Baby talk, also known as "motherese," has been recognized in a number of languages as a universal form of communication that mothers consistently use when speaking to their child, according to new research.

The study, published in the journal Cell Biology on Thursday, found that mothers use different timbres when talking to infants.

Timbre, not to be confused with pitch, refers to the unique quality of a sound, like the difference between musical instruments or if a voice is nasal versus hoarse.

The researchers at the Princeton Baby Laboratory recorded 12 English-speaking mothers while they played with and read to their infants and also while they talked with another adult.

After finding the mother's unique “vocal fingerprint”, the researchers found that a computer could reliably tell the difference between infant- and adult-directed speeches with only one second of recorded speech.

The same vocal change was noted across women speaking 10 different languages, including Spanish, Russian, Polish, Hungarian, German, French, Hebrew, Mandarin, and Cantonese.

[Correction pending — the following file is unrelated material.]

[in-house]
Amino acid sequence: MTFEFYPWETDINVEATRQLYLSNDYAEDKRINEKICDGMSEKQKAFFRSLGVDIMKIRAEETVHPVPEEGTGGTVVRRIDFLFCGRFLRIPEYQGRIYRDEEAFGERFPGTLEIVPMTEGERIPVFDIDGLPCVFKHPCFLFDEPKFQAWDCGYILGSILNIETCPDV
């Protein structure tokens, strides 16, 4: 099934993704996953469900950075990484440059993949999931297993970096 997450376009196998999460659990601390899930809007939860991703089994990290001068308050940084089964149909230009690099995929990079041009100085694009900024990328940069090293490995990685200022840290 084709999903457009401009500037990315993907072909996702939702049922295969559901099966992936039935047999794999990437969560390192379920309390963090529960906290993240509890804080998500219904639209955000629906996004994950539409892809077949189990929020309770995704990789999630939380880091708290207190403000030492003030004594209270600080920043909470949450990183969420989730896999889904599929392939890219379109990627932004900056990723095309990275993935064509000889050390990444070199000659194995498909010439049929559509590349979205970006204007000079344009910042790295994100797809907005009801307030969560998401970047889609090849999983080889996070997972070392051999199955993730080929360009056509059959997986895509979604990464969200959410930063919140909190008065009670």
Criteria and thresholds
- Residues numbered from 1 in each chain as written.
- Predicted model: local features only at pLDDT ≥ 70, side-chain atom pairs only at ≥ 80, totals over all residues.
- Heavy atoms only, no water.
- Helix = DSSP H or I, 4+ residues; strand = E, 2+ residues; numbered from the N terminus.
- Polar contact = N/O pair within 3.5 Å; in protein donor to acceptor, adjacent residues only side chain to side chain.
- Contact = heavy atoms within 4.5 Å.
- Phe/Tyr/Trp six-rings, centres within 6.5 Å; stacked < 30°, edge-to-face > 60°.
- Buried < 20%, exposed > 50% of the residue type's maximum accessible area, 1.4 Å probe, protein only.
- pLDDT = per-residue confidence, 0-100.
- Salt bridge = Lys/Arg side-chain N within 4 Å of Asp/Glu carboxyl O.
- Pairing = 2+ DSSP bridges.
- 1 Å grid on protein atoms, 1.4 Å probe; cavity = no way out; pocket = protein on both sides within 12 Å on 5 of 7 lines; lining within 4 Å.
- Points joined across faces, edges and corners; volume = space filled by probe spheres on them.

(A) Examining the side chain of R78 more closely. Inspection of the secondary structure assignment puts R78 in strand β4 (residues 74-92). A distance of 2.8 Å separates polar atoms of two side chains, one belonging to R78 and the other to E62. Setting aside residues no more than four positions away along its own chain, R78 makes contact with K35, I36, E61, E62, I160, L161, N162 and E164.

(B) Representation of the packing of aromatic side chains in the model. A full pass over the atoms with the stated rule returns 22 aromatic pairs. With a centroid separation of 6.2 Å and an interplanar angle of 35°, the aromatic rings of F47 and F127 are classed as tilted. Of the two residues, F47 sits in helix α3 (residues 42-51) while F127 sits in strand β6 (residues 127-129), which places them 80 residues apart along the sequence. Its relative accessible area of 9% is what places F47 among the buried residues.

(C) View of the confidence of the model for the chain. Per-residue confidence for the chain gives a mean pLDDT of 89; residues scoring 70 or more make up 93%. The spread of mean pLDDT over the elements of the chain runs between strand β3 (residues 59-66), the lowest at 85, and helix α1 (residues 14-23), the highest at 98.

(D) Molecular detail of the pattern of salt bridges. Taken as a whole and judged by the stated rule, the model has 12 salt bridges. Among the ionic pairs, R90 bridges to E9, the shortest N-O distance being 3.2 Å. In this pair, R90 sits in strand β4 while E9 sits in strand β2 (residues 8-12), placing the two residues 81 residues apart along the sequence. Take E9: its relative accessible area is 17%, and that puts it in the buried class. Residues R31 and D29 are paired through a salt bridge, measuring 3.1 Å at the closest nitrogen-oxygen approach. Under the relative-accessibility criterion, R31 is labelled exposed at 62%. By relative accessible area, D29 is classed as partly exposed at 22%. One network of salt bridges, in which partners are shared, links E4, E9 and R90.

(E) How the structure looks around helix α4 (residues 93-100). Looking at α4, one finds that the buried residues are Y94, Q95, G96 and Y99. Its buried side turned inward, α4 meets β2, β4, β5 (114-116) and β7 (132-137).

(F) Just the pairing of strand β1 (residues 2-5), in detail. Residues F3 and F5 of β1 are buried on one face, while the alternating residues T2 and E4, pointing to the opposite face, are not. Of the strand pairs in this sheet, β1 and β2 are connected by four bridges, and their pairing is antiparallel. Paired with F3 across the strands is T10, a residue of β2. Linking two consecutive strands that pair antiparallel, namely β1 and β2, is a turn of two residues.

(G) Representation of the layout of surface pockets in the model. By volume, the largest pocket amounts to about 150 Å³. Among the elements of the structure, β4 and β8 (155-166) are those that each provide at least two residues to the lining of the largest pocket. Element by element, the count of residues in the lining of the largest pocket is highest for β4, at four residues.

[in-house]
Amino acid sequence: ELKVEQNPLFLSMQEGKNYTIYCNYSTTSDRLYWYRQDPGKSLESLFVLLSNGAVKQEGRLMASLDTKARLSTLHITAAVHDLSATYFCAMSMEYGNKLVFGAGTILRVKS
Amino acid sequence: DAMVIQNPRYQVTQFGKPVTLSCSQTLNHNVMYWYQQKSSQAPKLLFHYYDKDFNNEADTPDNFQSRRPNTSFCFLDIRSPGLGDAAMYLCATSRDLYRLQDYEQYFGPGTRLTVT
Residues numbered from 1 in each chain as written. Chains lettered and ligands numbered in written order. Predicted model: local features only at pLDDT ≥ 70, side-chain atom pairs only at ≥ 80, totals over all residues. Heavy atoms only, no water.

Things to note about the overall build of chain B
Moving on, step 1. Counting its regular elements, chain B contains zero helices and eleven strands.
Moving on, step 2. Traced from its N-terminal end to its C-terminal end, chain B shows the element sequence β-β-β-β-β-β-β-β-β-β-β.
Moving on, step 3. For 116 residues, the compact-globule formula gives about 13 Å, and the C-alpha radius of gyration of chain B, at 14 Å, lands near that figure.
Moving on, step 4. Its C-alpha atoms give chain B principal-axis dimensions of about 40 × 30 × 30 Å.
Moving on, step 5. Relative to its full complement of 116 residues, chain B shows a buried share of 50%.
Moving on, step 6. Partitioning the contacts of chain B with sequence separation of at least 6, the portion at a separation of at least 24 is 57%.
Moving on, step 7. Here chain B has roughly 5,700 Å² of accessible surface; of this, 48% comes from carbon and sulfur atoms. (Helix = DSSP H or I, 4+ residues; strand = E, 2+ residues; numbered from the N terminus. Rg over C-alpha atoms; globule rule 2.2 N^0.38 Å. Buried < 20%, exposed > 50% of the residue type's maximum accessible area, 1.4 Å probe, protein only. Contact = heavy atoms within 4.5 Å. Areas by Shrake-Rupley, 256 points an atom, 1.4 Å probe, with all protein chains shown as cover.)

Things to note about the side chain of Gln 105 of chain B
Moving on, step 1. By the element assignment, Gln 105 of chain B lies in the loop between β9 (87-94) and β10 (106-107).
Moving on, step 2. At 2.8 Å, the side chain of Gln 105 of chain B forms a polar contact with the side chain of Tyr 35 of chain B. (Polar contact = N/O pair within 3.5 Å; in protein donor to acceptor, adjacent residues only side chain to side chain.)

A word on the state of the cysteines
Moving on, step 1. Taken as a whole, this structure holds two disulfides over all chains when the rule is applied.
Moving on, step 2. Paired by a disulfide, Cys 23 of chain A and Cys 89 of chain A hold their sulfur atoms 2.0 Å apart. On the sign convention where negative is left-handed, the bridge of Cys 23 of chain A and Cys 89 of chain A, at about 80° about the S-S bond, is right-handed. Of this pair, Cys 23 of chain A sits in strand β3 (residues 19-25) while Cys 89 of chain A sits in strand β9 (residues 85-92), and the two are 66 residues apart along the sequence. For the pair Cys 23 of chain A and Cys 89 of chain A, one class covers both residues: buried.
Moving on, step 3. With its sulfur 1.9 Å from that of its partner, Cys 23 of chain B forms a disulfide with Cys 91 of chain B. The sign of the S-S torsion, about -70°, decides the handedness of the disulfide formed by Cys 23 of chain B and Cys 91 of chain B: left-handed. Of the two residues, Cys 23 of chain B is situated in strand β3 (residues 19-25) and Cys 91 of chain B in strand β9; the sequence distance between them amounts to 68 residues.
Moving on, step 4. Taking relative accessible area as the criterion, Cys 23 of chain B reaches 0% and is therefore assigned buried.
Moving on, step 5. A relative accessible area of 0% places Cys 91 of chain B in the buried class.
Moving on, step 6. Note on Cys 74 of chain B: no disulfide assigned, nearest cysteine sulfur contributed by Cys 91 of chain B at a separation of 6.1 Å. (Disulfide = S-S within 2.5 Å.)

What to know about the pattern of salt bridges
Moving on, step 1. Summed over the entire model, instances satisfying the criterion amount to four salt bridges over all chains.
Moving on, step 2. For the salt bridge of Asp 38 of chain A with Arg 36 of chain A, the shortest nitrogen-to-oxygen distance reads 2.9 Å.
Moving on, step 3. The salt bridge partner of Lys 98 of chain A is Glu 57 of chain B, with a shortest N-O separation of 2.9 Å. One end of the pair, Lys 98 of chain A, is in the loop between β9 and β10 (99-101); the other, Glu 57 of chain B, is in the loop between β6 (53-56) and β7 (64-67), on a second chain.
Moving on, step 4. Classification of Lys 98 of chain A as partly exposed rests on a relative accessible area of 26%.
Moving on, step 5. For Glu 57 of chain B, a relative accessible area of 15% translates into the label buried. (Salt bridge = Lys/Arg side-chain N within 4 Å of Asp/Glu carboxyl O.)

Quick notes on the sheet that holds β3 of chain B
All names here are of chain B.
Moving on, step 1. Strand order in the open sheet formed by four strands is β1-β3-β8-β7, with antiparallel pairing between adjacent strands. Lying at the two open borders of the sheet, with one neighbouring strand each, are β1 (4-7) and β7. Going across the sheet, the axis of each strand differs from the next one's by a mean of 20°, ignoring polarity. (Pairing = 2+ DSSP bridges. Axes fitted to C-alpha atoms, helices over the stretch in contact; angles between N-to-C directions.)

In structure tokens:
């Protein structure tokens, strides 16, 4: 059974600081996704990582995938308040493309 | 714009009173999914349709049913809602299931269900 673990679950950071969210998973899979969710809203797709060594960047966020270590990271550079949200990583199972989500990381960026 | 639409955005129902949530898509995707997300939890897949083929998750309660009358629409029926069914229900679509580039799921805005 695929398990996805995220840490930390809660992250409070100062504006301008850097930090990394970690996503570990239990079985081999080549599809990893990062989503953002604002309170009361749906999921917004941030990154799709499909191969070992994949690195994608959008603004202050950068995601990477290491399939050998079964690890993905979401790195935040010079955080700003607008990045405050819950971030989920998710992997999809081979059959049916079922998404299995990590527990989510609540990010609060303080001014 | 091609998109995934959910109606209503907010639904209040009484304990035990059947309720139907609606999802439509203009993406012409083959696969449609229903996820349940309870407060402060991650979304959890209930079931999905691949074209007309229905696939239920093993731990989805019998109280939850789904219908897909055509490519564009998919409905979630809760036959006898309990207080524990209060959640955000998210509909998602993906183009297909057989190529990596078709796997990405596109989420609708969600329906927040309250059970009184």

“We found that mothers alter this basic quality of their voices when speaking to infants, and they do so in a highly consistent way across many diverse languages," study author Elise Piazza said in a statement.

The study didn’t look at dads, but Piazza said its likely fathers would show a similar shift in timbre.

While baby talk is not a new discovery, this is study is the first time a shift in timbre has been found.

“This is fascinating because clearly speakers are not aware of changing their timbre, and this new study shows that it is a highly reliable feature of the way we speak to babies," commented Jenny Saffran, a professor of psychology at the University of Wisconsin-Madison who was not involved in this research.

The U.S. researchers said the next step is to explore how the timbre shift helps infants in learning.

Previous research has suggested that changes in voice can help babies with learning language, engaging their emotions and highlighting the structure in language, so they can figure out syllables and sentences.

Piazza also said that her team’s technique for quantifying timbre could be used for other types of speech analysis.

"Our work also invites future explorations of how speakers adjust their timbre to accommodate a wide variety of audiences, such as political constituents, students and romantic partners," she said.